10 Reasons You Should Quit Going to Church

Countless articles have been floating around the internet these days offering advice about how to get back into the routine of going to church. The articles often offer conflicting advice about making a successful reintegration into the habit of attending worship services. Some say a small church is the way to go; others advocate for larger churches. Some focus on finding a dynamic preacher you can connect with; others highlight the importance of finding a church close to home. Frankly, the whole thing is confusing, and it doesn’t need to be. Instead of convincing you of the importance of getting back to church, here are 10 important reasons you should quit going.

10 Reasons You Should Quit Going to Church

1. There are people there. Seriously. And you know where people gather, there are going to be problems. The more people you get together, the more conflicts are possible. And, what’s even worse than conflict is being forced to realize that not everyone sees things the way you do. It’s much better to stay to yourself. After all, when you are with yourself, there won’t ever be cause for disagreement.

2. It’s inconvenient. Church services usually happen on the weekend, and the weekend is meant for you. Committing to something every single weekend is just inconvenient.

3. Community is over-rated. Sure reports indicate that loneliness is at an all-time high among adults, but community is grossly over-rated. No one really needs someone to lean on during tough times. No one understands you better than you understand yourself. When people get together regularly, they tend to eat a lot, and that’s terrible for the waistline. And community can have a lot of the same problems as reason #1 – there are people involved, after all.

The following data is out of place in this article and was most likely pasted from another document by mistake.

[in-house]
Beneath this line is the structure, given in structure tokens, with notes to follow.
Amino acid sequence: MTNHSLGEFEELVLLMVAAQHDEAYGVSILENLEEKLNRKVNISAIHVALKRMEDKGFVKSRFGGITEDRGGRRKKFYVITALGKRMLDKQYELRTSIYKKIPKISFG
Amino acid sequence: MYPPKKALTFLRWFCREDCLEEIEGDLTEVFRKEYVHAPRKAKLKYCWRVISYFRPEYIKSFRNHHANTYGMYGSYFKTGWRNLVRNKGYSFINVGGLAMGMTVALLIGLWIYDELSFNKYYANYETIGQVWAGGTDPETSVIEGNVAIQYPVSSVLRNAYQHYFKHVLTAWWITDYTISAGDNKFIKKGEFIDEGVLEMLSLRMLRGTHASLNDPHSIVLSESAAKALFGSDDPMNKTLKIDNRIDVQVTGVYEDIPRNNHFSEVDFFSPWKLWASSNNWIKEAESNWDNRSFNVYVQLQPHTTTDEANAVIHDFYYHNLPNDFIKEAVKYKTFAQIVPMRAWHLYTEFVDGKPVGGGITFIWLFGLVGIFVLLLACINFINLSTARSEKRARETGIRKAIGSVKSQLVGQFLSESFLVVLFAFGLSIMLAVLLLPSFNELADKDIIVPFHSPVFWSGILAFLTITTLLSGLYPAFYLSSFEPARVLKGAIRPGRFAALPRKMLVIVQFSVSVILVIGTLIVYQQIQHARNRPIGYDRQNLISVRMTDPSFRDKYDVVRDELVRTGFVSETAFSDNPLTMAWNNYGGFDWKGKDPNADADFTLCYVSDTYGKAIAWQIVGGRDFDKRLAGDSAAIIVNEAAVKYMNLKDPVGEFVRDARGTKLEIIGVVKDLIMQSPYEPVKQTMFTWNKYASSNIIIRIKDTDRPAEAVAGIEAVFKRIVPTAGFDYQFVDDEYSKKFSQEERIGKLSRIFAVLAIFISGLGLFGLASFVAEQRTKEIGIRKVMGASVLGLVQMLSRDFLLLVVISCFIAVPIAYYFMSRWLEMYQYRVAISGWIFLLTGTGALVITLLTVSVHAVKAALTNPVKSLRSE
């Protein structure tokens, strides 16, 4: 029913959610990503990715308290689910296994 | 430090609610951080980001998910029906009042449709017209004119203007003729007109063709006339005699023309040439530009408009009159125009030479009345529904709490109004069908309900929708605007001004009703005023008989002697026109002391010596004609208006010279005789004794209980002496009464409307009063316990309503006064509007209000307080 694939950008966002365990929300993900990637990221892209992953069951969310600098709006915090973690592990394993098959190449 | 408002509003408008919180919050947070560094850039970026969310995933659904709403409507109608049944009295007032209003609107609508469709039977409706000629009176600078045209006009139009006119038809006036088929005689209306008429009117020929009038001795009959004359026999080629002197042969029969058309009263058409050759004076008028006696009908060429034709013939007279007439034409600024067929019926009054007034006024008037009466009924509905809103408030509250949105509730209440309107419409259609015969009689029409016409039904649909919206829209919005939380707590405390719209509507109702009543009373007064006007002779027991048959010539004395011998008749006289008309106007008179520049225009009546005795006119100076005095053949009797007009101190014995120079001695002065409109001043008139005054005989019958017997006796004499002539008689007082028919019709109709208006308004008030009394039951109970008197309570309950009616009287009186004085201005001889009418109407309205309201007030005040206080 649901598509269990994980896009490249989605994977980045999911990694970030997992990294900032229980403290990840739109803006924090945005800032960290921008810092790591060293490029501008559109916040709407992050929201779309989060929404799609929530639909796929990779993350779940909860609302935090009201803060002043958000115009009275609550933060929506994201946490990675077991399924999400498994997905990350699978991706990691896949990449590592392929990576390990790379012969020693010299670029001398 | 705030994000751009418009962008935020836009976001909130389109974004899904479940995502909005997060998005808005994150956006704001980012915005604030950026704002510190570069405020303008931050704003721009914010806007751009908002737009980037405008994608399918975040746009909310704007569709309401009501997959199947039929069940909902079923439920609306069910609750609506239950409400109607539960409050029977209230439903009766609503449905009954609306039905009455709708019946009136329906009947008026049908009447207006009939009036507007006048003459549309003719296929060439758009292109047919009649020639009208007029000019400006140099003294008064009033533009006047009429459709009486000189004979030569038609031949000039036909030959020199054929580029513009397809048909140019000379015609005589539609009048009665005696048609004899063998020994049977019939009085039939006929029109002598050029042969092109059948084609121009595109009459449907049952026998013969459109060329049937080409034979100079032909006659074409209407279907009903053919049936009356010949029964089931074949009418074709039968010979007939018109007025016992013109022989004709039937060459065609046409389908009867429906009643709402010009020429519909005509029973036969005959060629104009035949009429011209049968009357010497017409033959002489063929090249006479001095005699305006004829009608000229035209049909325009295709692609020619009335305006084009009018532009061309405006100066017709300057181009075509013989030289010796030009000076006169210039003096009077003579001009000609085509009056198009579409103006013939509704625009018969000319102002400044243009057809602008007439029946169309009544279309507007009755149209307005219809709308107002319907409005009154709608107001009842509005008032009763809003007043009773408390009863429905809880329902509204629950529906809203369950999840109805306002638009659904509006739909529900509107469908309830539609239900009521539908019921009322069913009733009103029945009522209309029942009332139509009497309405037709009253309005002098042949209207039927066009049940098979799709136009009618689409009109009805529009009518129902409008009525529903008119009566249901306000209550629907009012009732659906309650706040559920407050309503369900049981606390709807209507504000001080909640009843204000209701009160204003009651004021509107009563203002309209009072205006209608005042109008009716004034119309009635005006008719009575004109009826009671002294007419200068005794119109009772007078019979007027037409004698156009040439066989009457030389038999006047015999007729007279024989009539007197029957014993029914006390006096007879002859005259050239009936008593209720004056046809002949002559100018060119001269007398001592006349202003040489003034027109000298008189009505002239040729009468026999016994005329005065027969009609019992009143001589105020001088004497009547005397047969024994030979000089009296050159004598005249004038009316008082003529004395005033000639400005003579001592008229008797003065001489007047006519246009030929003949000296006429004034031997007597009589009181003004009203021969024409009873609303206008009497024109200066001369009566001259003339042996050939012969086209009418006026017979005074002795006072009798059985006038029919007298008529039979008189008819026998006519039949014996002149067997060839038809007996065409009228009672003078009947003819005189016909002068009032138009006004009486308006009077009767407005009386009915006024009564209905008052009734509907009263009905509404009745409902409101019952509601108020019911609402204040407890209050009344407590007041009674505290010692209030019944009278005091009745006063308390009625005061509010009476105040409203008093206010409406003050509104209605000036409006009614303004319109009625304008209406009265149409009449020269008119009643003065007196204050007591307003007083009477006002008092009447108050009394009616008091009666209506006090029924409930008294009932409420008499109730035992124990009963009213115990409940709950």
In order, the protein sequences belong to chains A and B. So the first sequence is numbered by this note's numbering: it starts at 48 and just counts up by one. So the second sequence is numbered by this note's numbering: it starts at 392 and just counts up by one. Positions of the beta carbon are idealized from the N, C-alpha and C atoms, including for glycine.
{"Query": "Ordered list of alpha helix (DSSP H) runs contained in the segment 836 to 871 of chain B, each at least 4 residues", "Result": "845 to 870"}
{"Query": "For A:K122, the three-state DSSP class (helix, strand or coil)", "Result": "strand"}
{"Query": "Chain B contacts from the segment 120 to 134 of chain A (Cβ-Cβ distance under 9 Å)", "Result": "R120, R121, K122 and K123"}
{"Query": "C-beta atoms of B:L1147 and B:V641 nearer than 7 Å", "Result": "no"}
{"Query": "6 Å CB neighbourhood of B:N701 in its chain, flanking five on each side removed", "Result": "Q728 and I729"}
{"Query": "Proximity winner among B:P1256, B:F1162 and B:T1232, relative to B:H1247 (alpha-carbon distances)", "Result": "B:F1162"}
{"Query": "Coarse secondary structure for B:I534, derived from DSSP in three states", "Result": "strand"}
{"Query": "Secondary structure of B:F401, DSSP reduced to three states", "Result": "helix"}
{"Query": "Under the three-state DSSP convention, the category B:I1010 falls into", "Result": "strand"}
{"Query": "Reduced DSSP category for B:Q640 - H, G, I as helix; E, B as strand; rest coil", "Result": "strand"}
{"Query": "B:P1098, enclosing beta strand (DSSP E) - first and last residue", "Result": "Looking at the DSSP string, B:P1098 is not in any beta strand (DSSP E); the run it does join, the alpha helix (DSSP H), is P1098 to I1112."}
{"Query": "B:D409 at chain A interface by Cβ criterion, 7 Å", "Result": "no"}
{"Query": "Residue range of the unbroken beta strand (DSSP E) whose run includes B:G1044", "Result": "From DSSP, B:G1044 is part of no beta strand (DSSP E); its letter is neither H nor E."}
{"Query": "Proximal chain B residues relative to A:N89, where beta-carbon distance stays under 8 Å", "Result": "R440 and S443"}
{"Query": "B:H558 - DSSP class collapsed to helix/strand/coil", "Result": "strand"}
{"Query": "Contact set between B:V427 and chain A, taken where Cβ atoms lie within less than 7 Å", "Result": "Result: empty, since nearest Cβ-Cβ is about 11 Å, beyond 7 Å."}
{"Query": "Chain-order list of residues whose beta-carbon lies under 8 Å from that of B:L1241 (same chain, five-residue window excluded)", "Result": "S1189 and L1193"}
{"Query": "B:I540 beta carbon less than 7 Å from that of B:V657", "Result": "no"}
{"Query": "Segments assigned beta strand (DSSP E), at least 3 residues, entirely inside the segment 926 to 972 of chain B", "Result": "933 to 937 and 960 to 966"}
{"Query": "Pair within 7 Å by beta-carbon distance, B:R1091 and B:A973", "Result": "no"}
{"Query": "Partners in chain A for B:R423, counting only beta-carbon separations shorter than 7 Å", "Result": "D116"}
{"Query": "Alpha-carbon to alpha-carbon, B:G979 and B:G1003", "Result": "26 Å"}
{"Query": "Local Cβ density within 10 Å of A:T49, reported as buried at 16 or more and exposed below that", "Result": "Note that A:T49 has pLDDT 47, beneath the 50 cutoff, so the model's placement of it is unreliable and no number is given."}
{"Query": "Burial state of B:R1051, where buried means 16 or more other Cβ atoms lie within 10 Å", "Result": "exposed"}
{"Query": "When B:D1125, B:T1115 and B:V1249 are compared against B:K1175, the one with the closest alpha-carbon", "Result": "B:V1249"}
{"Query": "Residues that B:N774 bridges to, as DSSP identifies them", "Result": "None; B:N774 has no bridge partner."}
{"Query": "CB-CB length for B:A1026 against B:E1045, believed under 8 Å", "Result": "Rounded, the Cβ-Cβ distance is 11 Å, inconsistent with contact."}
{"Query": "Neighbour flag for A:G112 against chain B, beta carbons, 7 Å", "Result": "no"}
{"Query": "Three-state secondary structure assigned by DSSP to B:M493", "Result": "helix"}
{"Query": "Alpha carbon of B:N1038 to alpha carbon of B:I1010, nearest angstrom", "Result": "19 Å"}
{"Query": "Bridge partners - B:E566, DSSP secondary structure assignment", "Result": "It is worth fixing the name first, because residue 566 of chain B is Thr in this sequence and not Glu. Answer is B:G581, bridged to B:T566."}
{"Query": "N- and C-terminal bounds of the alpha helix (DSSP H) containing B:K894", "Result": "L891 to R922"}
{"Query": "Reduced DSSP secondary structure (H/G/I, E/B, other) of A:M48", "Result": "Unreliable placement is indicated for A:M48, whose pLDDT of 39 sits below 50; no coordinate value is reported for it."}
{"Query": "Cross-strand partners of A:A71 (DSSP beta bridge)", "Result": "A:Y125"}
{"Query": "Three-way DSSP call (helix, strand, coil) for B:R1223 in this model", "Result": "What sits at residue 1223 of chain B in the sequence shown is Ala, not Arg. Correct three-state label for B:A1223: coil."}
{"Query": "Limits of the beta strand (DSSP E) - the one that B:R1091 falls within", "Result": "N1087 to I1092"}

4. It’s too far away. On Sunday mornings it can be hard enough to get up the energy to get out of bed, let alone get out of the driveway. Besides, everyone’s talking about conservation these days. On Sundays, conserve energy by staying at home.

5. It’s too early in the morning. For first-shift workers, you have to be out of bed by 5 AM or earlier every day of the week. Getting up at 7 or 8 on Sundays is just unreasonable. That’s far too early, especially considering that you could sleep in until noon, or at least 10 if your kids allow you to. Sure, a lot of research suggests that getting up at the same time seven days a week is good for your health and natural circadian rhythm. But, circadian rhythm is a lot like community – over-rated.

6. Sitting in church is uncomfortable. First there is the obvious discomfort: the pews, or (if your church is on the up-and-up) chairs. Having to sit in something that uncomfortable is pretty inhumane. Then there is the close proximity to lots of people and noises. People will either be sitting close enough to you that you can hear every breath or cough, or you’ll have to listen to a rustling of bulletins or baby noises for an hour. If you can avoid the discomfort if at all possible, you probably should.